LAKE FOREST — Right about at halftime of the Bears-Jets game in Soldier Field, something clicked in the Chicago secondary that has brought about tighter coverage. Though the Bears contend there was no rousing halftime speech to facilitate a change, they don’t deny that they have played shutdown defense when it comes to the passing game since.
LAKE FOREST — Right about at halftime of the Bears-Jets game in Soldier Field, something clicked in the Chicago secondary that has brought about tighter coverage.
Though the Bears contend there was no rousing halftime speech to facilitate a change, they don’t deny that they have played shutdown defense when it comes to the passing game since.
“Nothing was really said. We played pretty much tight defense all year; we’ve just had some moments when we weren’t doing it the way we were supposed to,” safety Chris Harris said. “It was just something that happened. We started to play a little better after that.”
The Bears were torched Dec. 12 by Patriots quarterback Tom Brady, surrendering 369 yards while allowing him to complete 27 of 40 in near-blizzard conditions. The defense held rookie Joe Webb at bay in a 40-14 win over the Vikings the next week, but then Jets quarterback Mark Sanchez was 13-for-15 for 156 yards in the first half of the Dec. 26 game at Soldier Field.
“In that first half, it was just a matter of (Sanchez) finding open holes and making the throws. He was able to set up, check it out and do his thing. Guys were open for him,” Harris said. “Not after that, though.”
That was where it ended. Sanchez was 9 for 22 for 113 yards in the second half, and the Bears rallied from a 21-10 deficit to win 38-34. Chicago’s secondary then held Aaron Rodgers to 229 yards and a TD through the air in a 10-3 loss at Green Bay before completing denying Seattle’s Matt Hasselbeck, at least until the game was out of hand.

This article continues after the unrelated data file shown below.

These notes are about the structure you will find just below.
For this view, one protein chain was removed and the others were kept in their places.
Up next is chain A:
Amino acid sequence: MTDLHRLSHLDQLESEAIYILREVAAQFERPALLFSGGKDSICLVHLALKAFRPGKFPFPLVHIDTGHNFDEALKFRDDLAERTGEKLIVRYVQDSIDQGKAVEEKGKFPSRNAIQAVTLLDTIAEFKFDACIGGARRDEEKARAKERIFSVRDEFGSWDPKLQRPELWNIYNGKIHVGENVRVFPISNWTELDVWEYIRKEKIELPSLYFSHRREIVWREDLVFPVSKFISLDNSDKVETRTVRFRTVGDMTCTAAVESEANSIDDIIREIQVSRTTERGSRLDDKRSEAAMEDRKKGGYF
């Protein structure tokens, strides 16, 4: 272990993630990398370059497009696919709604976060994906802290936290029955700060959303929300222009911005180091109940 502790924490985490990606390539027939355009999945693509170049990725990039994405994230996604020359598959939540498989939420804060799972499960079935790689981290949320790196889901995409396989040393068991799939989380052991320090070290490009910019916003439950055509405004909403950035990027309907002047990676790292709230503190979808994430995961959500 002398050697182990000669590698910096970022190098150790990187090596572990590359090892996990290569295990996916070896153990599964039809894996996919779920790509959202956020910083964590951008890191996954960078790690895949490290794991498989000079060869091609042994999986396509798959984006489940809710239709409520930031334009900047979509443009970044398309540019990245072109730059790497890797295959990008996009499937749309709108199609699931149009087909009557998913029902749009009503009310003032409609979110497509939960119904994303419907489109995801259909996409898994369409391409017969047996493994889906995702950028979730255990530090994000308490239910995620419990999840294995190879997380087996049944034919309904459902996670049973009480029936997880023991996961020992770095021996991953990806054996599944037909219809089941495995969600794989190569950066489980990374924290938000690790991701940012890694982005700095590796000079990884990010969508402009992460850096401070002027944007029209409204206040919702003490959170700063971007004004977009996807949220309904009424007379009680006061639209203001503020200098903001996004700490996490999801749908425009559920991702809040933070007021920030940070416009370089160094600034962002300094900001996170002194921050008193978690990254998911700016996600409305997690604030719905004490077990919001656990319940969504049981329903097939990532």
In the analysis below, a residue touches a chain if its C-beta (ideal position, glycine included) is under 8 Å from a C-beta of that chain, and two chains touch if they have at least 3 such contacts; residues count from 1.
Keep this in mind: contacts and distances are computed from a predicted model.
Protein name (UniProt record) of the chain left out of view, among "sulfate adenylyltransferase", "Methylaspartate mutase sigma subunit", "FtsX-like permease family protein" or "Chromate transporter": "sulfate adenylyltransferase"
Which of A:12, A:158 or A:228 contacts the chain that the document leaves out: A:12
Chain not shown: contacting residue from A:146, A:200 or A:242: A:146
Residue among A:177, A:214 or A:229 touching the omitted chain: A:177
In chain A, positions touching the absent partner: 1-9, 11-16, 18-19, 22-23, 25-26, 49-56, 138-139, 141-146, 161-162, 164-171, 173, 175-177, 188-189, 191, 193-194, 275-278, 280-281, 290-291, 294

Hasselbeck had just 78 yards passing by the time the Bears had grabbed a 21-0 halftime lead. He did throw three fourth-quarter touchdowns, but the Seahawks were unable to threaten at any point in the second half.
“We just had to execute better on our coverages,” cornerback Charles Tillman said. “We got a little quicker on our breaks, quicker closing on our guys. We did the little things better after that.”
Bears defensive coordinator Rod Marinelli made it sound like the defense just went back to its old way of doing things, and it worked.
“One thing we always do is we’ll come back and tighten our fundamentals up. You have home base, and when something happens and you get off track maybe a little bit, you just kind of come back in and you come back to your basic concepts, your defense, your fundamentals and that brings a guy back home,” Marinelli said. “So now you have a chance to see things clearly, with clarity and you get back on rhythm.”
Now they will have to do it against Rodgers — again.
“They’re the hot team right now. But we’re still doing pretty good, too. We’re still here,” cornerback Tim Jennings, said. “We’re really going to try and keep this thing going. We don’t want it to stop now.”
Bears reporter Jay Taft can be reached at 815-987-1384 or firstname.lastname@example.org.